Financial analysts scrutinize clients’ finances, do financial research and make investment recommendations. At times, they might suggest strategies that enable clients to save money. They need to have an excellent understanding of how funds have performed in the past so that they can make predictions about future performance. They also need to stay abreast of how funds are currently performing so they can advise clients to make quick investment adjustments, should the need arise.
Knowing the difference between stocks and bonds or other investment instruments is an important part of a financial analyst’s job. They must know which funds are most compatible with their clients’ goals. Also, they must have expertise in report writing and presentations written in layman’s terms, so the client can understand what is being recommended. In addition, financial analysts do budgeting and assist with year-end accounting. For example, they do journal entries and, if necessary, they close inactive accounts. Auditing is also a task that financial analysts might do.
Financial analysts typically work in banks or brokerage/investment firms. If they are working the “sell-side,” this indicates that they are advising on the selling of assets or investments. If they are working the “buy-side,” it means that they are in the process of acquiring assets for clients and building portfolios for the clients.
In some cases, a financial analyst might be asked to advise corporations or charities that want to increase their financial holdings. A financial analyst might also do research or gather information that enables more profitable stock-trading or options-trading decisions at these organizations.
In banks, financial analysts manage bank assets and invest those assets to get the best return. In this capacity, financial analysts are usually involved in setting rates for loans that banks make helping banks set the rates for interest schedules. They also might be involved in other services to clients. Always, the financial analysts’ goal is to maximize profit.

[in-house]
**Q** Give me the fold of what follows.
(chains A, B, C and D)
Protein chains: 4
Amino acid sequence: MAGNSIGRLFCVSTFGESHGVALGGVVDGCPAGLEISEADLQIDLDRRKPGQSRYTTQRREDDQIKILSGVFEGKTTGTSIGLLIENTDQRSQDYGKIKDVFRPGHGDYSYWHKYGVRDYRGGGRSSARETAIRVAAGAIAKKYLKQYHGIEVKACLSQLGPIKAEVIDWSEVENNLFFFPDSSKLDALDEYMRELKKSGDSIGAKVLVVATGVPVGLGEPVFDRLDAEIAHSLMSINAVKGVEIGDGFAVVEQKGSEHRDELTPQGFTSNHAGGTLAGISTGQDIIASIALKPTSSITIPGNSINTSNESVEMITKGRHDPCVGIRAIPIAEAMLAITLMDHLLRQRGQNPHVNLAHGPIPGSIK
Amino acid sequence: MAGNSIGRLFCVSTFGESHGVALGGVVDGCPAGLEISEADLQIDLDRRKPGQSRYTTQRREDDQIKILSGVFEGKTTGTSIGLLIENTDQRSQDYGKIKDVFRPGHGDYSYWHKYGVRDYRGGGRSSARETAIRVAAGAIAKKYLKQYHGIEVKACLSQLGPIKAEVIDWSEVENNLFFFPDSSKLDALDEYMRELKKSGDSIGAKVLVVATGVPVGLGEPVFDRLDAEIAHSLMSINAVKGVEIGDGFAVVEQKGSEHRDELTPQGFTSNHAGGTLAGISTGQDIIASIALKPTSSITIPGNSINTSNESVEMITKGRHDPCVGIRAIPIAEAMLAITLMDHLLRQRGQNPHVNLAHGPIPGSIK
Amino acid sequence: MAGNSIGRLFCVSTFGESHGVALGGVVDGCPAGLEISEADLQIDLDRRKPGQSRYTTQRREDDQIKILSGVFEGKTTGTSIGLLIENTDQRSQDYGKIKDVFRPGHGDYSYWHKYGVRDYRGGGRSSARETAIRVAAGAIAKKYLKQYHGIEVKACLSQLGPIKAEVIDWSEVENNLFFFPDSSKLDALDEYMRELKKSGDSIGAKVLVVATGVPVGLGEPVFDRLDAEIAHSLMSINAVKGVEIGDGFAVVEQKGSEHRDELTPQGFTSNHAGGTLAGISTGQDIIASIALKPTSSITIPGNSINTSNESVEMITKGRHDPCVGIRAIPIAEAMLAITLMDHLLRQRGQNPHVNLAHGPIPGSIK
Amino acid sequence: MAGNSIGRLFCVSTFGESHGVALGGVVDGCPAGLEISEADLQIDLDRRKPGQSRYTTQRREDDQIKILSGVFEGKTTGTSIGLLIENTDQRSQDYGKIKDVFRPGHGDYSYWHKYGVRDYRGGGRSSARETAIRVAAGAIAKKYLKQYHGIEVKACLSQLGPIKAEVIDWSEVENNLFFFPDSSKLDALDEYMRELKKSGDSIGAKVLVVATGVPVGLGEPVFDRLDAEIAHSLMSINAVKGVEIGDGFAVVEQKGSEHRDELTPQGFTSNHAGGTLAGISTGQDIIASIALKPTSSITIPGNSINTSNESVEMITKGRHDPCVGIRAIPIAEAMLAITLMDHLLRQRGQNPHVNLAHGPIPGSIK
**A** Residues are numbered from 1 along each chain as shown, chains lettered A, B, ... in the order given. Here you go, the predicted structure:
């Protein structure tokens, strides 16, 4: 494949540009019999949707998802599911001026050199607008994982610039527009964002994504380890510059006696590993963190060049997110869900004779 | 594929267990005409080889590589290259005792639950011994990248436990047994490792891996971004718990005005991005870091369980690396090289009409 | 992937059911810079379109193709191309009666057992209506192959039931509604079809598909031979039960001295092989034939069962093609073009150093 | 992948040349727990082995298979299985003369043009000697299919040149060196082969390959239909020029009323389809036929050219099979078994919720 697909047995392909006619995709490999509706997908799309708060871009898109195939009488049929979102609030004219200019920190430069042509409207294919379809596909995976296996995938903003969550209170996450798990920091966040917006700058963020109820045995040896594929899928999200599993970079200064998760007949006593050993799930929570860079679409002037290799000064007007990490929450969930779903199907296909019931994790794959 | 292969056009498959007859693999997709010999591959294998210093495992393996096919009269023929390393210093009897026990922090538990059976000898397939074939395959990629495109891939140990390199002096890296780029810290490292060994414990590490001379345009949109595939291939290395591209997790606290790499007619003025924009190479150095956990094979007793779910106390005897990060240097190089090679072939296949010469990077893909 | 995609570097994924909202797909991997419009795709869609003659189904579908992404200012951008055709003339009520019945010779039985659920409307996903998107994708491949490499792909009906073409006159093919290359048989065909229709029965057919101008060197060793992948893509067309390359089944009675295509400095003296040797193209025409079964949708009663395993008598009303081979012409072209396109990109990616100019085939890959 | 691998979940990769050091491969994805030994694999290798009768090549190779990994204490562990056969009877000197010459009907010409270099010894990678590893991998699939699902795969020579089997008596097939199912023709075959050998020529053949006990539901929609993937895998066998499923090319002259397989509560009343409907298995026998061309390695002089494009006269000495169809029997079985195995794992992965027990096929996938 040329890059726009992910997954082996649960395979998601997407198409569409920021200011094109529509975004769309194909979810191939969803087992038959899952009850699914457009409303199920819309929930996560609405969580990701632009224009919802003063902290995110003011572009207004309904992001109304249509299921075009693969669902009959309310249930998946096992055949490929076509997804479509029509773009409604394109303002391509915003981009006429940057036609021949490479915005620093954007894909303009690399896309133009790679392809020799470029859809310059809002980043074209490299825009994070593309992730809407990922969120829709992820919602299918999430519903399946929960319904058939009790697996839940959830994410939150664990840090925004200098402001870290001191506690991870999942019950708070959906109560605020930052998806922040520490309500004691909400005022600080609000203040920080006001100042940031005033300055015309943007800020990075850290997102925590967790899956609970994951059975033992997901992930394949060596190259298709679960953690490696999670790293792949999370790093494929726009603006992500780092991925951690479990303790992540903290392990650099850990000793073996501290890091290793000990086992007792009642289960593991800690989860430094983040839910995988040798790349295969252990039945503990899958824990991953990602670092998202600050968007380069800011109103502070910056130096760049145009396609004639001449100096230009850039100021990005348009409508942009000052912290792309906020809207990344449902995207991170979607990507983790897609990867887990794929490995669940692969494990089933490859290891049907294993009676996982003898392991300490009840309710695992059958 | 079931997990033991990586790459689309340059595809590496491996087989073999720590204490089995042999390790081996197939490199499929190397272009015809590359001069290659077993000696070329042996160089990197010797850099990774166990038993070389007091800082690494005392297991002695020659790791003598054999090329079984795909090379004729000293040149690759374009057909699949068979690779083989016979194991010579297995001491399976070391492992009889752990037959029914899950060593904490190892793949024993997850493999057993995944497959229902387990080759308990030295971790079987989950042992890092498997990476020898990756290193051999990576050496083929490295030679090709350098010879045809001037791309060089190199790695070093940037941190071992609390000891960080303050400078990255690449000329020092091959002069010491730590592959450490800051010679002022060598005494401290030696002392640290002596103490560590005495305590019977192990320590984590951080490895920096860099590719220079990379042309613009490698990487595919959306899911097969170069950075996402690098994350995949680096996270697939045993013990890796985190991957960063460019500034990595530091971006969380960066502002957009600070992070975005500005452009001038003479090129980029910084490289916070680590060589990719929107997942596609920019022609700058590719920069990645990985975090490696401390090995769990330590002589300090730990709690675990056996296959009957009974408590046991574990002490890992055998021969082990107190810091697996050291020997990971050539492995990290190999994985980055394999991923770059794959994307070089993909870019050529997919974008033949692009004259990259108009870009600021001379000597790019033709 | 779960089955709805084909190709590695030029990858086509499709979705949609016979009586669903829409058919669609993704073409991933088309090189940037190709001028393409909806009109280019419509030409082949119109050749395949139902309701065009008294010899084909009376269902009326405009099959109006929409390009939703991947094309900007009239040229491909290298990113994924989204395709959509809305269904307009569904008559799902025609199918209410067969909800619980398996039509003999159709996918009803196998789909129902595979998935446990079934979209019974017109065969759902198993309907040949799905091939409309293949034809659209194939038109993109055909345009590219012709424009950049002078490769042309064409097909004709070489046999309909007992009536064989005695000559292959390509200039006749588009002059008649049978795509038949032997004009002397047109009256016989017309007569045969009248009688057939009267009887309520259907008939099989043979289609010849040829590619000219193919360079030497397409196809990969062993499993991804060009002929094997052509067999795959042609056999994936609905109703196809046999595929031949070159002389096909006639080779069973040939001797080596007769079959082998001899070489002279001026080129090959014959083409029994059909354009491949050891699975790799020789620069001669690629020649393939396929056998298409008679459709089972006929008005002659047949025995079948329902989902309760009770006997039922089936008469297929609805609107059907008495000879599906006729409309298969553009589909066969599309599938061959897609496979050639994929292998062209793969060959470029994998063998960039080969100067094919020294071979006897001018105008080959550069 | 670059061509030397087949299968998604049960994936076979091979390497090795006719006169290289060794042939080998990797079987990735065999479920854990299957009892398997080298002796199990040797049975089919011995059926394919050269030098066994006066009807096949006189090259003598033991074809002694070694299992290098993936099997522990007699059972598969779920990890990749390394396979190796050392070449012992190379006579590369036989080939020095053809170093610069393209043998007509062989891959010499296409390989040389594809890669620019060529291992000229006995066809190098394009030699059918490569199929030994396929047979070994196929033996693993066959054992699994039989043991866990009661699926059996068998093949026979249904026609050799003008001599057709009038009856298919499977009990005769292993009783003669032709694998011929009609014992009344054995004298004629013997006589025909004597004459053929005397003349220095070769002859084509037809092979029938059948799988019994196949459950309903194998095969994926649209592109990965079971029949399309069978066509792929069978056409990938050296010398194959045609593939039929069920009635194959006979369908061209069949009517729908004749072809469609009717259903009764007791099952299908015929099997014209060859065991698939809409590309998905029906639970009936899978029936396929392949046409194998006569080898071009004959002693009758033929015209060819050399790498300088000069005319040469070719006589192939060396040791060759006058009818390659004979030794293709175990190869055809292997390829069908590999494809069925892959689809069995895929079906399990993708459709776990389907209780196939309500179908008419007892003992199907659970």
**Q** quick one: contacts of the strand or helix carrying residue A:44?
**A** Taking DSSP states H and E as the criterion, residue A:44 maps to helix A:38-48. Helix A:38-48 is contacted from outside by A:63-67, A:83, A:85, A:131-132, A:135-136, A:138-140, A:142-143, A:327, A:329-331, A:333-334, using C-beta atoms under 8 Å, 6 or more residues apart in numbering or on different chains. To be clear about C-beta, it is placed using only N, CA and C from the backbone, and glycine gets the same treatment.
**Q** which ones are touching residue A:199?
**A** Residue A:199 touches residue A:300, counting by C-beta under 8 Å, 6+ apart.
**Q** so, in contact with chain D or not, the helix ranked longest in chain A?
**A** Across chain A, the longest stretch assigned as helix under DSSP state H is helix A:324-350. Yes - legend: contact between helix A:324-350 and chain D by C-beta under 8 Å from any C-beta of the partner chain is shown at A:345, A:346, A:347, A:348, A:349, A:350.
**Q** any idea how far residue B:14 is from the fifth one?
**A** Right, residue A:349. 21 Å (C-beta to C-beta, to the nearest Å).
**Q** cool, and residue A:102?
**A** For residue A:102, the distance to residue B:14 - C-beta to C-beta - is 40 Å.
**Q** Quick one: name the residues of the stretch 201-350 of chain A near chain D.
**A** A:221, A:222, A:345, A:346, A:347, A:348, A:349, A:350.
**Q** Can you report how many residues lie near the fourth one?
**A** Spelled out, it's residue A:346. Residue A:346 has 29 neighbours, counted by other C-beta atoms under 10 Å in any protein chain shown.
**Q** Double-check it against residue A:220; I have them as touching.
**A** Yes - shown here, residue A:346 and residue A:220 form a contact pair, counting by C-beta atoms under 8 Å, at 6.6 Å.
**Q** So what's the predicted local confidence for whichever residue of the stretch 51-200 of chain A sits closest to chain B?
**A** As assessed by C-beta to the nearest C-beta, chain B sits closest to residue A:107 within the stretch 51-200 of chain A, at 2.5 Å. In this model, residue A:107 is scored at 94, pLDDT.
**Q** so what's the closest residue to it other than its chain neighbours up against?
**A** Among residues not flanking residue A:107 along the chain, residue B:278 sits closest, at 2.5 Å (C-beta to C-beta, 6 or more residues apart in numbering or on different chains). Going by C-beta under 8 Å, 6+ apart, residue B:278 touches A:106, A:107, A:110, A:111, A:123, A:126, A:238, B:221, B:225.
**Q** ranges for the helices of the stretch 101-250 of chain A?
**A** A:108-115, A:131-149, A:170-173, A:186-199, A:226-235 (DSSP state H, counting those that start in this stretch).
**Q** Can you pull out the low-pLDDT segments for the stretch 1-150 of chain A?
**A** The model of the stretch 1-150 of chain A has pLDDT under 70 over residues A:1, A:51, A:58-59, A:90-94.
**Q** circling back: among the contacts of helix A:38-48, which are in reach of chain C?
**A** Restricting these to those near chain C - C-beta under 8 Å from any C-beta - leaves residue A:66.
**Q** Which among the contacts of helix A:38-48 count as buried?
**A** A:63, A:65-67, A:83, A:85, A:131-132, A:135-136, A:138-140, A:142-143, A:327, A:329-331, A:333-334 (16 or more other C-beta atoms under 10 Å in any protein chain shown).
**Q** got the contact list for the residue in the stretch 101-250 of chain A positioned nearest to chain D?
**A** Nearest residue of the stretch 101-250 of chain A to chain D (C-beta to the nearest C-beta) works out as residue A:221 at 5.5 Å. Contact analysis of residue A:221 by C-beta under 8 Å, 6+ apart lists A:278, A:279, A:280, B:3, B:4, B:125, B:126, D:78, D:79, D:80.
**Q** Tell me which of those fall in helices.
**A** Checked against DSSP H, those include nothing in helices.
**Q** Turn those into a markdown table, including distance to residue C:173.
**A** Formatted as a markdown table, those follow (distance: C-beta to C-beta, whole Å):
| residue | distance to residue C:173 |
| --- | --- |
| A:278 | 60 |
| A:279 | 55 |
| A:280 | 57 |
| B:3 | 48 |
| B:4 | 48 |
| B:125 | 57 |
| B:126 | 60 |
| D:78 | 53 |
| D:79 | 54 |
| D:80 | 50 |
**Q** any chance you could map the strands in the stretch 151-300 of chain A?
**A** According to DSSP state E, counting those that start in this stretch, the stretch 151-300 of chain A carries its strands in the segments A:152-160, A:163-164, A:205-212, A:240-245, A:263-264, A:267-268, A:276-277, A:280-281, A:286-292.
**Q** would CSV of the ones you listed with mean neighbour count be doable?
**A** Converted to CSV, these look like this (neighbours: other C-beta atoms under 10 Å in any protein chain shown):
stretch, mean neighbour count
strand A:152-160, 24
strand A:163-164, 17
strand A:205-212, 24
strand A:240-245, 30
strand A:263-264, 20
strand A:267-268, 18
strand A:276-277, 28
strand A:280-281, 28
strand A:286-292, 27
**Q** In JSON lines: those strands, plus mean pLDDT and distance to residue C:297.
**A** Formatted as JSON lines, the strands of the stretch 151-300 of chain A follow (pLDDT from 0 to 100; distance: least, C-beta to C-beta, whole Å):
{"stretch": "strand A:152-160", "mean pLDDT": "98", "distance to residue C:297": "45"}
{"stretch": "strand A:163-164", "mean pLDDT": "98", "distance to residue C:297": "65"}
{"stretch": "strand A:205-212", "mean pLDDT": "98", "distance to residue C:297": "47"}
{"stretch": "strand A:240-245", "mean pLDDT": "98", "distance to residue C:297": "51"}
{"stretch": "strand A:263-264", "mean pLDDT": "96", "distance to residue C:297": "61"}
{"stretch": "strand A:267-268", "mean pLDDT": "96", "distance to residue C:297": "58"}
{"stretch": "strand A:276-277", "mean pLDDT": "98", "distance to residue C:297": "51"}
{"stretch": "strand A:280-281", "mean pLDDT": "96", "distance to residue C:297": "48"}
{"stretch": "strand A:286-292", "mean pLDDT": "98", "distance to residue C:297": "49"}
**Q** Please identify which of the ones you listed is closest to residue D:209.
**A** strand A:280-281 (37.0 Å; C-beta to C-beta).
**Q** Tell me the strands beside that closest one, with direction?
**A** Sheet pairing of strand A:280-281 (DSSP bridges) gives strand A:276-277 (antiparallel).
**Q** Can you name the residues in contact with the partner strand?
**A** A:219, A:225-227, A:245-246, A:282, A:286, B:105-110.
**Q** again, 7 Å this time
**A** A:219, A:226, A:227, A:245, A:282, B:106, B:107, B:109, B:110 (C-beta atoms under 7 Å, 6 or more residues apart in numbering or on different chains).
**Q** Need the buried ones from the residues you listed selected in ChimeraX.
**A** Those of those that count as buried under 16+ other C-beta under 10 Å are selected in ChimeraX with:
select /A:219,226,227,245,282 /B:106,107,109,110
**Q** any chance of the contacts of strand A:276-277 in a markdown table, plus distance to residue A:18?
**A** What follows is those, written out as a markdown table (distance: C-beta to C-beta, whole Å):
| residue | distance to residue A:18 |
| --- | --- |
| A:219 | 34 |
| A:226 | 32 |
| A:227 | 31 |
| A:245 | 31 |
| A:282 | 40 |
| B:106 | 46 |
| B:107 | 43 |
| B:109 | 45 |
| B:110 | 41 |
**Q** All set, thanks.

Financial analysts typically attend college to study business or accounting. Coursework consists of calculus, statistics, econometrics, financial reporting, investment theory and financial markets. In addition to classroom work, an internship is often required as part of the college experience for aspiring financial analysts. After college graduation, financial analysts will usually work for three years before pursuing a Master of Business Administration (MBA) in finance or accounting. In fact, the MBA is seen by many as the prerequisite degree for a financial analyst’s ability to have a high-paying career.
Licensure or chartering is required for financial analysts on top of a bachelor’s degree and MBA. To attain licensure, financial analysts must show that they have sufficient education and training. Also, analysts must pass the Chartered Financial Analyst (CFA) exam. Once financial analysts attain licensure, they must take continuing education classes every year to ensure that they are aware of the most recent trends in the financial markets. The purpose of these certifications is to better guarantee that financial analysts will be accountable and responsible in their dealings with clients. After all, investing is a serious endeavor, and clients want to be certain that the financial analysts serving them are competent.
While the job of a financial analyst can be financially rewarding and mentally stimulating, it also tends to be a high-stress position. It also can rely heavily on social connections, as do many jobs. So if you’re considering a career as a financial analyst, start forming the network that will help you succeed!
Markus Preston focuses on finance, financial regulation, banking law, business development, mergers & acquisitions, accounting and other kindred topics; those interested in the financial world should take a peek at the banking jobs with moneyjobs.com by visiting moneyjobs.com.
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